“The stress was not linked to the time of the pandemic”

Scientists did not set out to conduct a study of prenatal stress during a pandemic. They encountered this “natural experiment” because some participants completed their assessments before the pandemic began; some before and during the pandemic; and some completely during the pandemic, MacNeill said.

“We asked about general stress, not pandemic-related stress,” MacNeill said. “But we took advantage of the onset of the pandemic during the study to see if we could detect its impact on mothers’ experiences.

“We found that mothers’ stress patterns were unrelated to the timing of the pandemic. Mothers reported similar levels of stress whether their stress measurements took place before or during the pandemic.

How they measured prenatal stress, infant temperament

The study authors measured the stress of pregnant women at up to four different times a day for 14 weeks using questions sent to participants’ phones. They identified three types of stress: stress at first (baseline) assessment, average or typical stress levels over the 14-week period, and the amount of stress a person changed from one time to the next. each other over the 14-week period. (lability).

The authors measured the infants’ negative emotions via a temperament questionnaire given to mothers when their infants were three months old. Mothers answered questions about their child’s sadness, distress, and fear (eg, how much they clung to their parent when introduced to an unfamiliar adult). This formed an overall mean negative affect score.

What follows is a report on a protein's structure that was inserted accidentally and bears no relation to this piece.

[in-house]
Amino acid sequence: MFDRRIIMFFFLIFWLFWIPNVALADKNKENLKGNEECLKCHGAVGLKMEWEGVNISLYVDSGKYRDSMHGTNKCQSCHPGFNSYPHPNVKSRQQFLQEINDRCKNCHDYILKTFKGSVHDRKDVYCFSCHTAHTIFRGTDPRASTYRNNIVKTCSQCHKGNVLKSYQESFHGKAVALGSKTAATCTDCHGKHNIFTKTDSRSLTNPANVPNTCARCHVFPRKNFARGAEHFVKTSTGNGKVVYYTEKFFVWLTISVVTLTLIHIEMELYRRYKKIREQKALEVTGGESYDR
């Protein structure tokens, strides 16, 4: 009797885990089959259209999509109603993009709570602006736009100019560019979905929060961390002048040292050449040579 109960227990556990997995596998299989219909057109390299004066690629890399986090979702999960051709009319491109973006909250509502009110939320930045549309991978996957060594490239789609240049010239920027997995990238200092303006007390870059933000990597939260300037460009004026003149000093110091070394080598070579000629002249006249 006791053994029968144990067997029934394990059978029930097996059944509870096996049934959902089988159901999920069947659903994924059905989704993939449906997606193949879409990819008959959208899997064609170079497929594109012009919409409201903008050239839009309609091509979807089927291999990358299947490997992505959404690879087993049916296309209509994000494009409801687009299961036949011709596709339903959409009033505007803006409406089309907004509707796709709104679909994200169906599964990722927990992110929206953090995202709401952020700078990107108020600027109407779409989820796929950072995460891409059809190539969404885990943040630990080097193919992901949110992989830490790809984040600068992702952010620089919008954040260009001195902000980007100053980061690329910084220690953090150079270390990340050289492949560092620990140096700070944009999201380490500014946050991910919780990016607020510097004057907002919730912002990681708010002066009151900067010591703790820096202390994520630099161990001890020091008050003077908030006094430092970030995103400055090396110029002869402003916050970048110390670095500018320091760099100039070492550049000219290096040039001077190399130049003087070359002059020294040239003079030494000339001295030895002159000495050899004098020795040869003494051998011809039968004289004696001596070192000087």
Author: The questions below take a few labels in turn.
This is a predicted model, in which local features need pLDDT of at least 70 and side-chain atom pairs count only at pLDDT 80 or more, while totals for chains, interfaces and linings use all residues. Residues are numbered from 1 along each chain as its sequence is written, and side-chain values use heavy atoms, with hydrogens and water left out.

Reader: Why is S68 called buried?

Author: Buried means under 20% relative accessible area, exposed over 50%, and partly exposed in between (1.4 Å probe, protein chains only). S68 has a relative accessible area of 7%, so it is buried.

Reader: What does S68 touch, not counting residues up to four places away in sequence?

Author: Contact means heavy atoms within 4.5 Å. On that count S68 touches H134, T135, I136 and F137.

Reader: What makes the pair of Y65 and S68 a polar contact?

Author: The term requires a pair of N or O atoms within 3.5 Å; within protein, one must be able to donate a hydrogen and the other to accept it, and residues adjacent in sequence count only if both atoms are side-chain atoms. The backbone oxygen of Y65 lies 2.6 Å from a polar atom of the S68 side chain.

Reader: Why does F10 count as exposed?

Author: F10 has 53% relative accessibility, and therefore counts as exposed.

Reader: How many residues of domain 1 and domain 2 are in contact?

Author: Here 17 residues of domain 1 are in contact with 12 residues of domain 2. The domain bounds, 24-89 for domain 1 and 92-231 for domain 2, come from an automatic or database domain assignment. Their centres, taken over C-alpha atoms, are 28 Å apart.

Studying the fluctuations of stress during pregnancy in relation to infant development is a relatively new idea, and the study authors said there is not yet a clear understanding of the impact of stress and the gestational environment on fetal development. Further research on larger, more diverse samples is needed to find out if these patterns hold true for families in different backgrounds and with different types of support, MacNeill said.

“This is a very early index (three months), so we would like to see how consistent their levels of negative affect are over the first year of life,” MacNeill said. “Parents are the ones who can soothe their babies and be really sensitive to their needs, and as babies grow there are things parents can do to help the child navigate situations and learn to regulate. and deal with negative emotions.

“This study shows that the bonds between parent and child are based on genes as well as experiences, even before birth,” said Dr. Matthew Davis, director of the Feinberg Department of Pediatrics and Ann Children’s Hospital. & Robert H. Lurie of Chicago. , who was not directly involved in the study. “One of the most important approaches to having a less distressed child is to support expectant parents and minimize their stress during pregnancy. This can be accomplished through clinical care, social supports and supportive policies. family and pregnancy.

Funding for this study was provided to DevSci by Lurie Children’s and his Stanley Manne Children’s Research Institute as part of its Perinatal Origins of Disease Strategic Initiative.